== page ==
Workers at the Philadelphia Museum of Art went on an indefinite strike Monday after two years of failed negotiations, demanding higher wages and health care benefits.
Over 150 members of the Local 397 union — which represents the PMA workers — formed a picket line at the museum’s entrance on Monday, according to Artnet News. In a PMA Union press release last Friday, the union announced that the workers would remain on strike until the museum management meets the union's demands. However, the museum is currently still open to visitors, WHYY reported.
According to the PMA statement, top issues for the union include improving wages and providing affordable health insurance.
“We’re fighting for fair pay. A lot of folks at the museum work two jobs, which is pretty unbelievable for an institution with a $60 million a year budget and a $600 million endowment,” Local 397 Union President and PMA employee Adam Rizzo told WHYY.
The union, which operates under the American Federation of State, County, and Municipal Employees, has been crowdfunding through social media since the summer to prepare for a strike, according to The Art Newspaper. The fund allows workers on strike to receive compensation despite losing wages.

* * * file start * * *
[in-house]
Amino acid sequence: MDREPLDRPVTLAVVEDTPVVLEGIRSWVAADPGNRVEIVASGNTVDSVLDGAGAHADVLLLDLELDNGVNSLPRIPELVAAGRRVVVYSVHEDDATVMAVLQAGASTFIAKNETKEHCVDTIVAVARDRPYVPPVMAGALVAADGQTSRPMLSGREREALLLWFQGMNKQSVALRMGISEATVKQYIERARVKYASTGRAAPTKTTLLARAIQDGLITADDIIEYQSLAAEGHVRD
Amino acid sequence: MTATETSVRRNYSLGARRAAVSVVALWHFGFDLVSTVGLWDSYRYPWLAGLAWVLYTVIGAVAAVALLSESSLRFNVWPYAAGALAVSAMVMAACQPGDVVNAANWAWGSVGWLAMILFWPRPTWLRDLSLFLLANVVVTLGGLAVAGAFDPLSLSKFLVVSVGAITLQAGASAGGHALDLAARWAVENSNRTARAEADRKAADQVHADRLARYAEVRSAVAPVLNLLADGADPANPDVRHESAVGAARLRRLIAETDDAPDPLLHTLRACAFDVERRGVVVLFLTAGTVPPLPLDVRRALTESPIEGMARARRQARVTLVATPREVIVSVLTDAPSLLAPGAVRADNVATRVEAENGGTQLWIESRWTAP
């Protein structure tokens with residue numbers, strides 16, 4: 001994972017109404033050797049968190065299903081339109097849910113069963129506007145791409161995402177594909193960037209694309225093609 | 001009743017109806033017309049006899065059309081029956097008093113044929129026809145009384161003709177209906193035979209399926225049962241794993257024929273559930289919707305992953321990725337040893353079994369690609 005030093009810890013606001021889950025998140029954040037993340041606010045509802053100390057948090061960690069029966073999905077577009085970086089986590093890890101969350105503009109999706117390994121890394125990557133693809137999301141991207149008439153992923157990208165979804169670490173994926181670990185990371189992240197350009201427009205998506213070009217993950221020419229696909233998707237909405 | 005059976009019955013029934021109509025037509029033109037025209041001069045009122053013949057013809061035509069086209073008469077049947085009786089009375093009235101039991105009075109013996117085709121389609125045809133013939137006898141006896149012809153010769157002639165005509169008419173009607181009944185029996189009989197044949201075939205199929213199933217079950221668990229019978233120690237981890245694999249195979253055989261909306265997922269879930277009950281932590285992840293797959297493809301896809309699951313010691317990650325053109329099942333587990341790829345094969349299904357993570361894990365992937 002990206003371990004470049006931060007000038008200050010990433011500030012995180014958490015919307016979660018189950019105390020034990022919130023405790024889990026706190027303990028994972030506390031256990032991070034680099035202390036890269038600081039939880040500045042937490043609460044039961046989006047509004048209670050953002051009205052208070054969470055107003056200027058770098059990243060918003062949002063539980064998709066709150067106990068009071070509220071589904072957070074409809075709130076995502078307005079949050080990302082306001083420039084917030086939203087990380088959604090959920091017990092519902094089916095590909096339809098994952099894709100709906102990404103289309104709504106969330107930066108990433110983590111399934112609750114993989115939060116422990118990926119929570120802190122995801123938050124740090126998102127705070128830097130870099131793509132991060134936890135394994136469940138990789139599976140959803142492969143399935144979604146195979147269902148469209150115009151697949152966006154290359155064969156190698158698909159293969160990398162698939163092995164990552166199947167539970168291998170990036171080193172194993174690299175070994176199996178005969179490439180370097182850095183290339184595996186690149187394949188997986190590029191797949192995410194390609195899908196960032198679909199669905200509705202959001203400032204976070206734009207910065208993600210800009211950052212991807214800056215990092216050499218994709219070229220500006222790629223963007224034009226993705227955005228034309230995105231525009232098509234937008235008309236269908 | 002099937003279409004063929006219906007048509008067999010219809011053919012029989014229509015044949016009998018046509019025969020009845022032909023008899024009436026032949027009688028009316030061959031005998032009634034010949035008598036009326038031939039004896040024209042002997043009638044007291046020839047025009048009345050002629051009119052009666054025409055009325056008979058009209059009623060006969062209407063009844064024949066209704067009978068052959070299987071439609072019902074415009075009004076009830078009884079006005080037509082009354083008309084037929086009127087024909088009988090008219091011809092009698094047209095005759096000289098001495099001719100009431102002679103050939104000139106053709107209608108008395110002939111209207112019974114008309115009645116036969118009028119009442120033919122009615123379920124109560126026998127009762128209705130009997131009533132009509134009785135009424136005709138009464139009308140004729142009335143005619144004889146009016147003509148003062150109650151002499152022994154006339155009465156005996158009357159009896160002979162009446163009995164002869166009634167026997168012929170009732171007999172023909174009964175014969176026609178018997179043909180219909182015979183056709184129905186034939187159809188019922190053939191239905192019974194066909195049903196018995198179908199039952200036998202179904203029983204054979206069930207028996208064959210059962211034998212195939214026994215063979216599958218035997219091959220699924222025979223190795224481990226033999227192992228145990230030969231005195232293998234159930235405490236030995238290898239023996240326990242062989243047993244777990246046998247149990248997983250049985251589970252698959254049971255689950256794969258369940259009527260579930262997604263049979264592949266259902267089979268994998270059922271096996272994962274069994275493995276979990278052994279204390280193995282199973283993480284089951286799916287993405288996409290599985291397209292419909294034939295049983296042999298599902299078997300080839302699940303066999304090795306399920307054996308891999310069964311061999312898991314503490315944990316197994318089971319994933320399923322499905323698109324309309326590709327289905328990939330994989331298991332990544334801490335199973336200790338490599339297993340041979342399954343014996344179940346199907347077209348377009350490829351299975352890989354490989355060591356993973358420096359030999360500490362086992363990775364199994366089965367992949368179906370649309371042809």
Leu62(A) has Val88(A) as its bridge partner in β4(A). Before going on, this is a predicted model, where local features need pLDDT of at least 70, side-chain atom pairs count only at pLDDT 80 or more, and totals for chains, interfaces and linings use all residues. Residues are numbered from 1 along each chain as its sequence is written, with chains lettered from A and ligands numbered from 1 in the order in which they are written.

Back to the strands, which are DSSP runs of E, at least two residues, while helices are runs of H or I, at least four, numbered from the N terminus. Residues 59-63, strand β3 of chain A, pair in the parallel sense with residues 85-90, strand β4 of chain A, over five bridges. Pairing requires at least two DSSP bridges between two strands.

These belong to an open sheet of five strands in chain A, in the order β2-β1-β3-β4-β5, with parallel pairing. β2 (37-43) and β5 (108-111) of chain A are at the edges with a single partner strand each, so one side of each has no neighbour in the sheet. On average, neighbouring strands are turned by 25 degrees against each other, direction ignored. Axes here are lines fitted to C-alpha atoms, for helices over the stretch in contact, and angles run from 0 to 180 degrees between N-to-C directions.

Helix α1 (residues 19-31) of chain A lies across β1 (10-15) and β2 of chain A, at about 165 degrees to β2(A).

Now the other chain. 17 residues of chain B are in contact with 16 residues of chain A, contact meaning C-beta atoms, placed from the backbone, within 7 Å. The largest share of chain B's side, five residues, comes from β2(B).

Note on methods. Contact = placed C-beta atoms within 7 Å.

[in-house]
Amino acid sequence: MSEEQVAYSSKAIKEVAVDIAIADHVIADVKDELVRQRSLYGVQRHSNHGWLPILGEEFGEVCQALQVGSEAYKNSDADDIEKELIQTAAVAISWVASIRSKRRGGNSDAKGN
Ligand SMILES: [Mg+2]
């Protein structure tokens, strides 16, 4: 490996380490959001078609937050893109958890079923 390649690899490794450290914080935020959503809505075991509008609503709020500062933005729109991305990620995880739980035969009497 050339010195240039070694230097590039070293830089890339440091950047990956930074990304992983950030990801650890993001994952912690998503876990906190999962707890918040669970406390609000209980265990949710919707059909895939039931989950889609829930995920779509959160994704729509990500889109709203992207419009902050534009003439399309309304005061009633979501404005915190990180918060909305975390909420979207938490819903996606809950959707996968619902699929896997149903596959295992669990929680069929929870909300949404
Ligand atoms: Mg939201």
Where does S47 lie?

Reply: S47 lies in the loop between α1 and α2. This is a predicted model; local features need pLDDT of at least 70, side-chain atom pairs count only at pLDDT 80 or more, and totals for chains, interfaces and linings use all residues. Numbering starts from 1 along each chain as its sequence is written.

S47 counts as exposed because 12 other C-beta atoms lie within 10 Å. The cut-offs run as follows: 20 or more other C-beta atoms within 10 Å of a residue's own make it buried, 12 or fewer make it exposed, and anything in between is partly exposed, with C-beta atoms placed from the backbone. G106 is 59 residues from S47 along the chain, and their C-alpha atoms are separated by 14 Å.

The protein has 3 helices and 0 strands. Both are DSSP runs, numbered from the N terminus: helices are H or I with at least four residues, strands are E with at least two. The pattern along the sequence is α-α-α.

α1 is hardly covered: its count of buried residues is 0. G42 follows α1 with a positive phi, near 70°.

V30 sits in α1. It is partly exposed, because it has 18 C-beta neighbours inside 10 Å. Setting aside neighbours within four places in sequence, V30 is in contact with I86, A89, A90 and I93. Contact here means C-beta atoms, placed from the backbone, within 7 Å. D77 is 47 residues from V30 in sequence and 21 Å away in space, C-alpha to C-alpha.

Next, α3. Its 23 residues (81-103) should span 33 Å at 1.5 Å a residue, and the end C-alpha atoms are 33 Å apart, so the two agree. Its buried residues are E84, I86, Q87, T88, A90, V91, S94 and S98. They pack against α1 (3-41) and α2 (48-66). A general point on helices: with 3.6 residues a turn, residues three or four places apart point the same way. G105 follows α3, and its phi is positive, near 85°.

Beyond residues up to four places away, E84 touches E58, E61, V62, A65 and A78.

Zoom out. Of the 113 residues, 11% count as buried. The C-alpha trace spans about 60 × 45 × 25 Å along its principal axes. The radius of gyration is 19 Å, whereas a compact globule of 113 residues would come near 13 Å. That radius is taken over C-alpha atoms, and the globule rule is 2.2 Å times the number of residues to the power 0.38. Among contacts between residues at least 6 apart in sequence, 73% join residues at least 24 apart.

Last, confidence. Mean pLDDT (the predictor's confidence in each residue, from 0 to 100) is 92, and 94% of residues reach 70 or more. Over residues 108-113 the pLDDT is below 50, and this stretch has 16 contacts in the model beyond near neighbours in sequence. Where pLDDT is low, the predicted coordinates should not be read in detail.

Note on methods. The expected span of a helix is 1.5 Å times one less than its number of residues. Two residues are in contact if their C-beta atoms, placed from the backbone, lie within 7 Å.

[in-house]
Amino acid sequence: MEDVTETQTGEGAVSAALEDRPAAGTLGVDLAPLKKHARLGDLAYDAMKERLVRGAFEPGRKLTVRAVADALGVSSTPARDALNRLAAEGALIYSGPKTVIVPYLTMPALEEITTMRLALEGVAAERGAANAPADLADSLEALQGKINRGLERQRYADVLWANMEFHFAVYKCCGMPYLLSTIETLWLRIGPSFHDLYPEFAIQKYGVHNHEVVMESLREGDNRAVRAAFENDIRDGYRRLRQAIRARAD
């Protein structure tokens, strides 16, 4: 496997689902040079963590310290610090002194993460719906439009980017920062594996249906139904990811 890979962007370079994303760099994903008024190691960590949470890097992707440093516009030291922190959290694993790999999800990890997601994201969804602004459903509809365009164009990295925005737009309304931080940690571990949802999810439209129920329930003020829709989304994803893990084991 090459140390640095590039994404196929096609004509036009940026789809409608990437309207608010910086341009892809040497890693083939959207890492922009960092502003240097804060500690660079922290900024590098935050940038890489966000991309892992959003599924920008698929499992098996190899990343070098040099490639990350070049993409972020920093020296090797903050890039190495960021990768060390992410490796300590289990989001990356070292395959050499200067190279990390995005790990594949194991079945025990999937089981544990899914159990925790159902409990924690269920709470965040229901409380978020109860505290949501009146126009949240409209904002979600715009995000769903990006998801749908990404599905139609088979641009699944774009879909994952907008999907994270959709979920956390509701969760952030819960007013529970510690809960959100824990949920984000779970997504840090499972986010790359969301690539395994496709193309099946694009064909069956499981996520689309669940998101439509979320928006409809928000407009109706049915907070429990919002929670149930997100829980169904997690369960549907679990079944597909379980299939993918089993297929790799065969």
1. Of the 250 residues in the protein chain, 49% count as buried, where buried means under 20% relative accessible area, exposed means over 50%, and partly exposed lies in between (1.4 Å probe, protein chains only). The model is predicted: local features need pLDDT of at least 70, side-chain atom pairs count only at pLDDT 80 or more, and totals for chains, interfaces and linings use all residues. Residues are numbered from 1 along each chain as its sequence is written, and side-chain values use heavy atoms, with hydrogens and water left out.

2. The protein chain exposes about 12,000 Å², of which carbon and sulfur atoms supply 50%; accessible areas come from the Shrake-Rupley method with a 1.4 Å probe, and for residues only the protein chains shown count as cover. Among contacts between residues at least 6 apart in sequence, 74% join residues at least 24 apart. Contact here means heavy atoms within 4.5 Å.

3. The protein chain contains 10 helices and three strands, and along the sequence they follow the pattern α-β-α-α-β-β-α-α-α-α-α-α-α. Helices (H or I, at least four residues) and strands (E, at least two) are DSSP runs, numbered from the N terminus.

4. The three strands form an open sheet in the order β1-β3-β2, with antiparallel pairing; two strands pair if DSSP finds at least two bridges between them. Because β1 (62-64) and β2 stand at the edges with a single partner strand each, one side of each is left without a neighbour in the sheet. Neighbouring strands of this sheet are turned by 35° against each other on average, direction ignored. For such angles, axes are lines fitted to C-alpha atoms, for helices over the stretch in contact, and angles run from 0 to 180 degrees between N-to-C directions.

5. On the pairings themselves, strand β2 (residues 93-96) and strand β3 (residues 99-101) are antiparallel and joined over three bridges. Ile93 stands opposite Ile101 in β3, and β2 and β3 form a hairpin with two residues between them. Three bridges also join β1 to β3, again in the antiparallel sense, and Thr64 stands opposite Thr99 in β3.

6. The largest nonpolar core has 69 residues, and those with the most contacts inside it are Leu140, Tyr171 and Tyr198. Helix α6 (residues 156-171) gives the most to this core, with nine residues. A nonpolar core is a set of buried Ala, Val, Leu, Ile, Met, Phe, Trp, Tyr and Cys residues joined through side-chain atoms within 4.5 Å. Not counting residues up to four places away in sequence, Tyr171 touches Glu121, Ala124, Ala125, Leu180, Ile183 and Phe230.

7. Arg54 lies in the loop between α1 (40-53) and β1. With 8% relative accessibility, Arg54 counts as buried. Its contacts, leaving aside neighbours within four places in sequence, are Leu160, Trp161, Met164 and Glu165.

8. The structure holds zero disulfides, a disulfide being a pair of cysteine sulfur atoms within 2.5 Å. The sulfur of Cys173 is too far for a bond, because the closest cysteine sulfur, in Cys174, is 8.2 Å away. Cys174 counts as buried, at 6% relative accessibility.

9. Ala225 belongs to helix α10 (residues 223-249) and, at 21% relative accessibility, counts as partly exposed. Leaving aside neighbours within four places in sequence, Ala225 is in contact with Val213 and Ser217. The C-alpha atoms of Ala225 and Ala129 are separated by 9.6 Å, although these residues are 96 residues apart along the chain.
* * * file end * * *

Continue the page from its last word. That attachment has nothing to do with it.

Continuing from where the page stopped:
According to The Philadelphia Inquirer, the union held a one-day “warning strike” last Friday, hoping to pressure the museum’s management. Nearly 200 workers representing almost every museum department joined.
“Our membership cannot accept further stalling and union-busting,” Rizzo said in the press release.
Rizzo added to WHYY that PMA workers are paid 20% less on average than workers at peer museums. PMA employees voted to unionize in July of 2020, and negotiations for the union’s first contract have been ongoing since the fall of 2020.
“We are disappointed that the union has chosen to strike, but we remain focused on reaching a fair and appropriate contract,” a PMA spokesperson said in a statement on Thursday ahead of the one-day strike, according to the Inquirer.
Museum management said progress has been made in negotiations, with parties coming to an agreement “on more than 25 substantive issues,” according to WHYY. The museum offered an 8.5% wage increase by July 2023 and 11% by July 2024, job security protections, and four weeks of paid parental leave.
While the union hopes to come to an agreement by the end of the week, members are “prepared to stay out longer if we need to,” Rizzo told The Art Newspaper.